The Great Southern Ark: Rewilding the southern Yorke Peninsula (SYP)
As a 20 year program, the Great Southern Ark project aims to help restore ecosystem function across southern Yorke Peninsula. The restoration of ecosystem processes will require the reintroduction of keystone species that once supported the ecosystems of the peninsula through the ecological services that they provided; soil engineers, native predators, pollinators, seed dispersers. Many of the species missing from the system are themselves at risk of global extinction, and the founding of new populations of these species on the peninsula will significantly enhance their conservation status.
To this end, a 'leaky 'predator-proof fence is being constructed across the foot of the Yorke Peninsula in South Australia and an ambitious plan to rewild the area is underway. As a first step in this program we are currently looking for 2 PhD students to work on two projects associated with the return of a native soil engineer, the brush-tailed bettong, to the SYP landscape.
Project 1. Reintroduction biology of woylies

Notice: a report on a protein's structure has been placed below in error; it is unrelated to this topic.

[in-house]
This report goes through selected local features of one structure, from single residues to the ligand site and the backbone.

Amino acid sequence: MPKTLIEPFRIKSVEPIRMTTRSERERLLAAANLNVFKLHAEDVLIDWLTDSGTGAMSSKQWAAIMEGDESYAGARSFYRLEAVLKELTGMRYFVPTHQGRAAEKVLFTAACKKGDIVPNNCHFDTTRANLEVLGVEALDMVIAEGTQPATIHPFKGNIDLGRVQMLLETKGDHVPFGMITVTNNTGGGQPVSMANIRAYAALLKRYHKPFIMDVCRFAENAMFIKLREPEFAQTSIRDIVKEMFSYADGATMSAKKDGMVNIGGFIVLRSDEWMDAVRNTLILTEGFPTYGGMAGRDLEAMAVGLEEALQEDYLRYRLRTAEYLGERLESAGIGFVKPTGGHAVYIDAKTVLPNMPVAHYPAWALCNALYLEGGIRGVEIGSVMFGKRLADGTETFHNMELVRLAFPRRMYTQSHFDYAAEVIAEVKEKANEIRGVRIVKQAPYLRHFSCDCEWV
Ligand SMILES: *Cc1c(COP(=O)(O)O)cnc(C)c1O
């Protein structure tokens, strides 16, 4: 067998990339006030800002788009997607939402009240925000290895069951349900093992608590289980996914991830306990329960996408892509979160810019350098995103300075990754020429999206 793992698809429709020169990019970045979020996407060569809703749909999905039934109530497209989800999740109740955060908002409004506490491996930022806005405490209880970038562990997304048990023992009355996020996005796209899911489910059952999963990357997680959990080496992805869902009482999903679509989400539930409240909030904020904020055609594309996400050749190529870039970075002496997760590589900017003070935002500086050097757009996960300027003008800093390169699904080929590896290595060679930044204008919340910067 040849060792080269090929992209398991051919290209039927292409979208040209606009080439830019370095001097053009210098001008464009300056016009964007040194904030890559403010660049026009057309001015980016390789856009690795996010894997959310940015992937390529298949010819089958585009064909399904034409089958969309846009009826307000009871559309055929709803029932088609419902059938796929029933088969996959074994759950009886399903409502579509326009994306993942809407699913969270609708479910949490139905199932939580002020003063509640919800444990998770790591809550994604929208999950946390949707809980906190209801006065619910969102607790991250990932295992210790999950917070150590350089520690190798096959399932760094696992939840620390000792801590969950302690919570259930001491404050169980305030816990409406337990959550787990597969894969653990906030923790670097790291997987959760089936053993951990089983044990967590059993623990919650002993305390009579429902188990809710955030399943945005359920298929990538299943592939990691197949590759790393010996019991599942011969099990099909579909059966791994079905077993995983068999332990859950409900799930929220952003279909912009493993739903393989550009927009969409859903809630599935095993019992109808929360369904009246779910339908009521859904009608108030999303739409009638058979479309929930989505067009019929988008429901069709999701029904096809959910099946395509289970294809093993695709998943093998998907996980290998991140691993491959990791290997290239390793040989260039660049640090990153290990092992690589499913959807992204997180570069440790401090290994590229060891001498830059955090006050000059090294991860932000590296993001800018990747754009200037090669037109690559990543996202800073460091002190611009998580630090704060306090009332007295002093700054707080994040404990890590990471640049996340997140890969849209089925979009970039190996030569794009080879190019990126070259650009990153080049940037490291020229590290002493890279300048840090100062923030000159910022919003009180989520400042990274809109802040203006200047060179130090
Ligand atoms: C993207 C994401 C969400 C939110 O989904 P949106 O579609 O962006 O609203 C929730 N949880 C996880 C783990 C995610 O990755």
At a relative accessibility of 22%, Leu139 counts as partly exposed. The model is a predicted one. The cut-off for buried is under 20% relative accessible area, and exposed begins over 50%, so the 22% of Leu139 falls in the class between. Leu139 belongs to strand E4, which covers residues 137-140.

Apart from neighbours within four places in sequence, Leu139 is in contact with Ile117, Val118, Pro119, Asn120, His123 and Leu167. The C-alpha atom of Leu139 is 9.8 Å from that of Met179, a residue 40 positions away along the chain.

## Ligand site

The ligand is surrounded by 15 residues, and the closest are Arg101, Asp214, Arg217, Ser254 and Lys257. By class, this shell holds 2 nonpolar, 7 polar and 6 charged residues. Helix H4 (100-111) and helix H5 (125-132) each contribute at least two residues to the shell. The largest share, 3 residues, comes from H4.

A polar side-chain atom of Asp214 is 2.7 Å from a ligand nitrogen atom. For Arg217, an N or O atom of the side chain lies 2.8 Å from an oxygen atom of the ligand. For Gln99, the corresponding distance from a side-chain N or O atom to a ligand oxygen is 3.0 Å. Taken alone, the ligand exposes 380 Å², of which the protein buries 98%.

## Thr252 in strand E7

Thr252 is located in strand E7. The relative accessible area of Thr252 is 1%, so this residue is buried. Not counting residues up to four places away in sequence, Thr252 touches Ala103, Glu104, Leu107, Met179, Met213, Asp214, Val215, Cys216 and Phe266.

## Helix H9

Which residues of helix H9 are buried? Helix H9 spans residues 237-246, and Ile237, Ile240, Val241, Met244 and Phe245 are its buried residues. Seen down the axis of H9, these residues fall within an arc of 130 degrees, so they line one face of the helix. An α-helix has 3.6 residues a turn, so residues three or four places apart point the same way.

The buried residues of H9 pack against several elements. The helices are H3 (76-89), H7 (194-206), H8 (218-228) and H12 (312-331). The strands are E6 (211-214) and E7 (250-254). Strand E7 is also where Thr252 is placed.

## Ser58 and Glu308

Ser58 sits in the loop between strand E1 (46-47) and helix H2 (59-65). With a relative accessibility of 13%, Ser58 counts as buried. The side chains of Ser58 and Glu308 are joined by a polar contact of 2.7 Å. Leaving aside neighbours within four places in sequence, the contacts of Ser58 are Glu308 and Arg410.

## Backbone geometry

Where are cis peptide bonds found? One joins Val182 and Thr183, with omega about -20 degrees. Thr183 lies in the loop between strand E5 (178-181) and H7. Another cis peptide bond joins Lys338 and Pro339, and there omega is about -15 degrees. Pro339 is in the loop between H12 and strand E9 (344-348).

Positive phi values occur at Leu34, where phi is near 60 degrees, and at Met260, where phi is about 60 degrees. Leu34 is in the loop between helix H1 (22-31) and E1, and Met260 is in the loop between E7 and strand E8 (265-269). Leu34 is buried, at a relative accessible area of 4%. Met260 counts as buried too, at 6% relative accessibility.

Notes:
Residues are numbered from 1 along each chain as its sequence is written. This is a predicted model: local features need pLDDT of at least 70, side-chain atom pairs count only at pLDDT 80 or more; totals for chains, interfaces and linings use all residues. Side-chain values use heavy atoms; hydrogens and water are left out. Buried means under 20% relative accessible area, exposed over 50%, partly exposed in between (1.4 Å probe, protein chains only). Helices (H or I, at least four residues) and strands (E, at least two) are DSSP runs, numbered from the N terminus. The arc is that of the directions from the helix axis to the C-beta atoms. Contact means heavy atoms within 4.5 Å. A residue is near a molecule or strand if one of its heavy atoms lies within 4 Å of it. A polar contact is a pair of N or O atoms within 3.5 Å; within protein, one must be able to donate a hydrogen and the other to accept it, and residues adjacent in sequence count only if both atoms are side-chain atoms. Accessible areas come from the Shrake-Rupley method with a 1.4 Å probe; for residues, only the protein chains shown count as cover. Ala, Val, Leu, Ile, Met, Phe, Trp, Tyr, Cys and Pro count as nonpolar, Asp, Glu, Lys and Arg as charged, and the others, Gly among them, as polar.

This project will examine the influence of source location (wild v semi captive), release group size and habitat structure on bettong survival, health, ranging behaviour, group cohesion, breeding and recruitment.
Project 2. The benefits of returning a marsupial soil engineer to the SYP
This project will examine the ecosystem impacts, costs and benefits of returning brush-tailed bettongs to the Southern Yorke Peninsula landscape: including soil health, seedling recruitment, bettong diet, weeds of significance and threatened native orchids.
For more information please contact Associate Professor David Taggart, School of Animal and Veterinary Science, University of Adelaide (Waite campus), Urrbrae, South Australia. (email@example.com)